ways than that of Panoplosaurus, and the olfactory region of Euoplocephalus is pushed to the side of the main airway. bv, blood vessel trace; co,
groove that possibly housed the concha; dac, dorsal alveolar canal; dpf, descending process fused to the ventral surface of the frontal; olfactory
turbinate; ec, endocranial cavity; ee, ectethmoid; eth, ethmoidal complex; lnv, lateral nasal vessels; lw, lateral wall of the main airway; ma, main
airway; mnv, medial nasal vessels; mnc, medial nasal canal; ns, nasal septum; nv, nasal vestibule; or, olfactory region; os, orbitosphenoid.
ªª 2011 The Authors
Journal of Anatomy ªª 2011 Anatomical Society of Great Britain and Ireland
Ankylosaurid internal cranial anatomy, T. Miyashita et al.662
exposed ventrally. Two ankylosaurid ankylosaurs are currently
recognized from the Dinosaur Park Formation: Dyoplosaurus,
known from a single specimen recovered from the lower part of
the formation, and Euoplocephalus, known from numerous
specimens throughout the formation and the overlying Horse-
shoe Canyon Formation (Parks, 1924; Arbour et al. 2009). The
holotype specimen of Dyoplosaurus preserves the posterior part
of the skull roof. The skull (along with most of the skeleton) is
affixed to a panel and so the ventral side cannot be observed.
At present, there are no cranial characters that separate Dyoplo-
saurus from Euoplocephalus; the features that distinguish
Dyoplosaurus from Euoplocephalus are restricted to the pelvis
and pes. As such, it is possible that isolated skulls (or skulls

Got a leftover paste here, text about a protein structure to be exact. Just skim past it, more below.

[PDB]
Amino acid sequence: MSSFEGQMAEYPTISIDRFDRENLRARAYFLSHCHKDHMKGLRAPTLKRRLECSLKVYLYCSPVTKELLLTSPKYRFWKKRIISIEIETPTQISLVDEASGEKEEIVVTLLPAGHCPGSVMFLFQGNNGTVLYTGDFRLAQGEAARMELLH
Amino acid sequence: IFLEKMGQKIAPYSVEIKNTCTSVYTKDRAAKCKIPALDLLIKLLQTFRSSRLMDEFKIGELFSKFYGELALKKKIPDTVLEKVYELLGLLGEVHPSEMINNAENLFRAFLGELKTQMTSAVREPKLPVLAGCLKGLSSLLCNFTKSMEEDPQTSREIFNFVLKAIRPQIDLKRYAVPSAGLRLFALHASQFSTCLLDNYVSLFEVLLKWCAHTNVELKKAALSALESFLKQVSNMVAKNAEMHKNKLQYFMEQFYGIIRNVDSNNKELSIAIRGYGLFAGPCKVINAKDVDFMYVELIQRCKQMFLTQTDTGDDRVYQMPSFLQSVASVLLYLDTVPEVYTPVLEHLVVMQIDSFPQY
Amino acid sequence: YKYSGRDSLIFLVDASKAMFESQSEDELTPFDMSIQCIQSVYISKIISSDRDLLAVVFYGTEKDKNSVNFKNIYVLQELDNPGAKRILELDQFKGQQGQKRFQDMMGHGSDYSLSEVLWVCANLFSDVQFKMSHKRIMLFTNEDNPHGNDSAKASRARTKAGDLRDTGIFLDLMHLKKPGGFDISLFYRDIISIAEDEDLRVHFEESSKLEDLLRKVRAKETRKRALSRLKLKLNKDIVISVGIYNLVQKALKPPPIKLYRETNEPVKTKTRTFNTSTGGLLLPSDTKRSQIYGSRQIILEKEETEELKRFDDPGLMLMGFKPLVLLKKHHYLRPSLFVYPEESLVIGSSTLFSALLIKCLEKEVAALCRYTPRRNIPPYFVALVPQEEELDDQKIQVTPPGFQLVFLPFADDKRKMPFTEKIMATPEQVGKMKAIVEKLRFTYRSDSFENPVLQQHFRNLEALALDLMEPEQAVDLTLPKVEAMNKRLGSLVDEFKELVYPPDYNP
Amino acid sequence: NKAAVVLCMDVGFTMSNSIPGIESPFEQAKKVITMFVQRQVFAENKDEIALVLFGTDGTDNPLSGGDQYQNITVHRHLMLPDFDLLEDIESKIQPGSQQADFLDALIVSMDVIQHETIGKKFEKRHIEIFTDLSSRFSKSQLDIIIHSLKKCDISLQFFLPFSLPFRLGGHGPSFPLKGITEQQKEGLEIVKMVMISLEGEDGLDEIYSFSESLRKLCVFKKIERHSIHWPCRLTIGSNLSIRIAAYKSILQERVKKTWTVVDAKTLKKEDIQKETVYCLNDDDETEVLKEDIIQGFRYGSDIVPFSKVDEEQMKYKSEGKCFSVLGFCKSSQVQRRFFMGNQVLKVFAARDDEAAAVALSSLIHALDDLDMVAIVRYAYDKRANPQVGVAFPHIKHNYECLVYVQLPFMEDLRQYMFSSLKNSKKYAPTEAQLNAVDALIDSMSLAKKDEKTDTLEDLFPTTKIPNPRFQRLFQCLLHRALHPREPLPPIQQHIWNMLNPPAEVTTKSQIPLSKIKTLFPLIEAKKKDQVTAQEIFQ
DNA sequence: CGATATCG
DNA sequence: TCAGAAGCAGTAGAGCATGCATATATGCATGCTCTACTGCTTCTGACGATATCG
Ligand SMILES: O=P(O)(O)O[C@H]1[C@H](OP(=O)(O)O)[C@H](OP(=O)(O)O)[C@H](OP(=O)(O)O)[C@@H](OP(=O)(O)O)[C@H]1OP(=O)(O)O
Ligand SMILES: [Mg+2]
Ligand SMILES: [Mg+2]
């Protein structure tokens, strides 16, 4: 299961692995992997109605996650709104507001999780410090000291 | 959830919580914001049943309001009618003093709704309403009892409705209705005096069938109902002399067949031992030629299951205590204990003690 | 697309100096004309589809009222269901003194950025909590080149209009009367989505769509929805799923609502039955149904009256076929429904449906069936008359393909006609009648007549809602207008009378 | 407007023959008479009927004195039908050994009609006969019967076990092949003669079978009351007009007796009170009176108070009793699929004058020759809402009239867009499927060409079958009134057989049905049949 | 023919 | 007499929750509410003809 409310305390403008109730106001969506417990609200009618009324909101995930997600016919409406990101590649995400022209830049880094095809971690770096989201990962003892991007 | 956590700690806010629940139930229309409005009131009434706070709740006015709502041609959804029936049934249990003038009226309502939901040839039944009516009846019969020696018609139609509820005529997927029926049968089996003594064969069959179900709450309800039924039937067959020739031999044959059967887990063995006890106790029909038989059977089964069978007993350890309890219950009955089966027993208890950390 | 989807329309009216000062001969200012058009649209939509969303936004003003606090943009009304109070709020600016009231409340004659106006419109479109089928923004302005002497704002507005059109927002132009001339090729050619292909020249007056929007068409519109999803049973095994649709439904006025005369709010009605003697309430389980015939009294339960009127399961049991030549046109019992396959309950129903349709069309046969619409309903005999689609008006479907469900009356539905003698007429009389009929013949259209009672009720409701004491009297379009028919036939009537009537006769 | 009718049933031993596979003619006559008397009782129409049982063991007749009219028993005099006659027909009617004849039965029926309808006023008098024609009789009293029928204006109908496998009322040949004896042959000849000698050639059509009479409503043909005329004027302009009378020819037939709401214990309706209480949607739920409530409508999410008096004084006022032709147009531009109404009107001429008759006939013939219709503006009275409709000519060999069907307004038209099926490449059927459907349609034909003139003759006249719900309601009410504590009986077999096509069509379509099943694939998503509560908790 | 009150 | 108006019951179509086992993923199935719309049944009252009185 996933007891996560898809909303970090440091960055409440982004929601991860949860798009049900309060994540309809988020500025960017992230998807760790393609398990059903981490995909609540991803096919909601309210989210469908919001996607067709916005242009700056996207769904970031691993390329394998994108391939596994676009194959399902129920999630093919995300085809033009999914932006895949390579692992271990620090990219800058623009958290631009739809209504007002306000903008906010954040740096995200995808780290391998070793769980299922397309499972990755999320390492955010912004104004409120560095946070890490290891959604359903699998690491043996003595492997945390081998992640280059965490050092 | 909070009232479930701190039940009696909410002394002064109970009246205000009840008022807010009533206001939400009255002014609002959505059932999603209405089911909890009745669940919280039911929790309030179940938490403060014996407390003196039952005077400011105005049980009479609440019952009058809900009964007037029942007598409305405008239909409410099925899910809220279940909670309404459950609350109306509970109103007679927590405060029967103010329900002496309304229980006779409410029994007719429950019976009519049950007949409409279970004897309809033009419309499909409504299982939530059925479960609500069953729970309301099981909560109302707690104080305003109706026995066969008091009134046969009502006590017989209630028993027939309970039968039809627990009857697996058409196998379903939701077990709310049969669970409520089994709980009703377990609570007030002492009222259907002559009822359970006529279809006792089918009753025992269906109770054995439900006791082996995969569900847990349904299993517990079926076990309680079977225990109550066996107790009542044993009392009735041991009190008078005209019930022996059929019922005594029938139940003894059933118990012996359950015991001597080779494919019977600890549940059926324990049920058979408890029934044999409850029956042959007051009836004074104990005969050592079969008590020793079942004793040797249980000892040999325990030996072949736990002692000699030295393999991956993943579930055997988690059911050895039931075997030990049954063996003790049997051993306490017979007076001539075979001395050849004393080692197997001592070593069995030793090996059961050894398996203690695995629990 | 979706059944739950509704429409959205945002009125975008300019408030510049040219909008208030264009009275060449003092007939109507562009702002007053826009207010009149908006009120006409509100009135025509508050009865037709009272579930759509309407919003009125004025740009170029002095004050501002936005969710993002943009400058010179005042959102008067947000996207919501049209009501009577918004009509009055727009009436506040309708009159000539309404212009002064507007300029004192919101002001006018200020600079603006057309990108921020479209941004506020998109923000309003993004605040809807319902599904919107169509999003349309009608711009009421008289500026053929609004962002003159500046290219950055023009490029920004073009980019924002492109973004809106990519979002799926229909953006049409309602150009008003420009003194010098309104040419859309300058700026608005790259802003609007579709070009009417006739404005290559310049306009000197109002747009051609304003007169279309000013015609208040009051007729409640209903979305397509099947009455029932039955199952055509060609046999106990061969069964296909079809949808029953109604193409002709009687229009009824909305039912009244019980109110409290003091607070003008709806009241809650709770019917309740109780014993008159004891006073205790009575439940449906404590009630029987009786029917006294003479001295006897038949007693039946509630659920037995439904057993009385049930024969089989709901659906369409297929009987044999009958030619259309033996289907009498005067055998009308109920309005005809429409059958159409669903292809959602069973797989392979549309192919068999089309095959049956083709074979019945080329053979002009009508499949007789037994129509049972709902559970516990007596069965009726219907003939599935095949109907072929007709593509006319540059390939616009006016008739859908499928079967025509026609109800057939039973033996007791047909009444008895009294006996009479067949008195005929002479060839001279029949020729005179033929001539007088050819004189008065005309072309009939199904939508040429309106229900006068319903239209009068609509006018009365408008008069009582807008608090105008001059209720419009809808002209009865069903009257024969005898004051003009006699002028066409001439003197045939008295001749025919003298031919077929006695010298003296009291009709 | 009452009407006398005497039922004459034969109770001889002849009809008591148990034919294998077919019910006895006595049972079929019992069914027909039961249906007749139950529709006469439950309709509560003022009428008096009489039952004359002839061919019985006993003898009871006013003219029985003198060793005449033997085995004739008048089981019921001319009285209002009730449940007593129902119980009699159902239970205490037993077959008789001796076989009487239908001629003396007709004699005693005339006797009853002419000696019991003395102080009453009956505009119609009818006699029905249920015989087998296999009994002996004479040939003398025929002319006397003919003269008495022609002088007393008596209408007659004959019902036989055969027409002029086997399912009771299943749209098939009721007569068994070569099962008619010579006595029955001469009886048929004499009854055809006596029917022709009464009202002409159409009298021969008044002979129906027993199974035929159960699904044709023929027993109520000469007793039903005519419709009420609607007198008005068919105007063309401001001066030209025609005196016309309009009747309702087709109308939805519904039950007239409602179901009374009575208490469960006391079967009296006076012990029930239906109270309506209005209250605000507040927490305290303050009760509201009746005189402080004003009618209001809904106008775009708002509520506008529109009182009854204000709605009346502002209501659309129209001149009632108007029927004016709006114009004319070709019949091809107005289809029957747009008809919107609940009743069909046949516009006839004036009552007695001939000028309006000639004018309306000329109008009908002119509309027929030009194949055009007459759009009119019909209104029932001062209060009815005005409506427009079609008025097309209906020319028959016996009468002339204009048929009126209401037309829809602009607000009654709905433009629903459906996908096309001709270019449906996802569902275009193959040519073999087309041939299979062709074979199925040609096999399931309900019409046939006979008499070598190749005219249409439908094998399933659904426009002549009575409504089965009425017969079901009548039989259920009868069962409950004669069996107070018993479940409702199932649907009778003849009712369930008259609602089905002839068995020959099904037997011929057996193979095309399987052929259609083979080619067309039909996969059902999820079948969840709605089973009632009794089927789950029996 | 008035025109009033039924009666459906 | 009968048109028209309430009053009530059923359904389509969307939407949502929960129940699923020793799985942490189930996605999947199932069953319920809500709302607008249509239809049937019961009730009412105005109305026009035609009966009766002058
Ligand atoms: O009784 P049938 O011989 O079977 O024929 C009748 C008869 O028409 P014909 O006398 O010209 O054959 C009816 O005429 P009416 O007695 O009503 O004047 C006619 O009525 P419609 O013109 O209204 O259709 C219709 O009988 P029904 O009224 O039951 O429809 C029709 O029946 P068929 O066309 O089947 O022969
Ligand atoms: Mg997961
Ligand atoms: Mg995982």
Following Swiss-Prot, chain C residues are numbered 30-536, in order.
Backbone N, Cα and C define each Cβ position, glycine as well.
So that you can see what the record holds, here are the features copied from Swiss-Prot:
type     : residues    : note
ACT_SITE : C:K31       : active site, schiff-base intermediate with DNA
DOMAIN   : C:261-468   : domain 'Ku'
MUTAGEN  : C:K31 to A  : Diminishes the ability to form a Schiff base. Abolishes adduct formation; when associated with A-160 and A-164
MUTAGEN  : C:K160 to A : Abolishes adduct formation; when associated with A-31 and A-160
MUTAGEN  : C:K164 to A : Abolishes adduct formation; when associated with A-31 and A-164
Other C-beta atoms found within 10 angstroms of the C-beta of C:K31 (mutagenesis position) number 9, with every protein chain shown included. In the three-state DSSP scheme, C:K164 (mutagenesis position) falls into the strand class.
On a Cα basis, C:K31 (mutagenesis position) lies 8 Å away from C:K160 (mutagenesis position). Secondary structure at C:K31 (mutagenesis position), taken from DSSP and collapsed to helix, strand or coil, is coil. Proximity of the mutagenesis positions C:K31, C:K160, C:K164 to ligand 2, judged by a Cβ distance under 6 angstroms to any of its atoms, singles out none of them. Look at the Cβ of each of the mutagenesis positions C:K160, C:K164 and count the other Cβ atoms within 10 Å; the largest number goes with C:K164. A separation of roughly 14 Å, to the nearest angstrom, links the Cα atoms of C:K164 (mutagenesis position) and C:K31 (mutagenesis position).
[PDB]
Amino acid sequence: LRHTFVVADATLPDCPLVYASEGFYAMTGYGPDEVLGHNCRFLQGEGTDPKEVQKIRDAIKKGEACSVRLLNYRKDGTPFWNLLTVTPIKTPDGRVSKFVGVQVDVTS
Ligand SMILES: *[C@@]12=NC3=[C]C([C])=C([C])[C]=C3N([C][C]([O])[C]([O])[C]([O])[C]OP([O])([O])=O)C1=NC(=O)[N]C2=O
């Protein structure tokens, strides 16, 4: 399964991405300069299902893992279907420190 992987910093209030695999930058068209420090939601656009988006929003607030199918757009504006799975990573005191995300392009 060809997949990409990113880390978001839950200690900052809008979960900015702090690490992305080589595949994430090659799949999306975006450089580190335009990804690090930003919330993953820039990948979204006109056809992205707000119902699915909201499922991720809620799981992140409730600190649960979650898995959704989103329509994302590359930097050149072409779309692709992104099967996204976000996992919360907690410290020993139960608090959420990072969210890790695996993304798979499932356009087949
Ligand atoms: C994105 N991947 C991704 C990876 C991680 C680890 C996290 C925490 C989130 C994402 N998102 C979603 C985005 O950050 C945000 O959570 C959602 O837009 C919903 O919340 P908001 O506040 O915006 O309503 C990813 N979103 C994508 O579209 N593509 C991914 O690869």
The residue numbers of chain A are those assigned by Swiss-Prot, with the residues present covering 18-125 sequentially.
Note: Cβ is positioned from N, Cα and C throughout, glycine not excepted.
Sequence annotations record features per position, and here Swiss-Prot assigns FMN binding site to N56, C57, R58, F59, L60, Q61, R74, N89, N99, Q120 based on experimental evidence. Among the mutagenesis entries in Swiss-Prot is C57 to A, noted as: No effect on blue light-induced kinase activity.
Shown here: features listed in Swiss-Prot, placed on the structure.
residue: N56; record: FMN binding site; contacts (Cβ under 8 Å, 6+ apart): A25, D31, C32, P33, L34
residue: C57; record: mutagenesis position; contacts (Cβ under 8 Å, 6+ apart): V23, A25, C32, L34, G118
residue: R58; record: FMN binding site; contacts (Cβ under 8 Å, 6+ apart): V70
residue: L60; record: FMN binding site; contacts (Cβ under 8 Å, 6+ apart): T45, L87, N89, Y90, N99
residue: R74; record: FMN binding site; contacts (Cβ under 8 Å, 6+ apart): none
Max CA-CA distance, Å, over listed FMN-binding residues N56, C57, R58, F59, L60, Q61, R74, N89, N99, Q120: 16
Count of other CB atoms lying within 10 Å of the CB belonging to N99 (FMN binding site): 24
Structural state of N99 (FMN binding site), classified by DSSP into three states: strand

associated with skeletons that do not preserve the pelvis or pes)
currently referred to Euoplocephalus may instead be referable
to Dyoplosaurus. UALVP 47977 preserves distinct flat, polygonal
osteoderms on the dorsal surface of the skull similar to those in
Euoplocephalus. These osteoderms are not preserved in Dyoplo-
saurus, which may reflect either a taphonomic or a true diag-
nostic difference. As such, UALVP 47977 more closely resembles
Euoplocephalus than Dyoplosaurus. For the purposes of this
paper, UALVP 47977 is tentatively referred to Euoplocephalus to
facilitate comparison with other skulls referred to this genus
and pending a revision of the genus by V.M.A.
Computed tomography scans of two additional skulls of Euo-
plocephalus were available for this study. AMNH 5405 and UALVP
31 were both collected from the Steveville locality in Dinosaur
Provincial Park, Alberta, Canada. CT data of AMNH 5405 used by
Witmer & Ridgely (2008) was made publicly available on a website
and their article may be consulted for technical details of the scan-
ning. UALVP 31 was scanned at the University of Alberta ABACUS
CT scanner, in 1-mm increments. Both skulls were digitally recon-
structed using the thresholding and segmentation tools in the soft-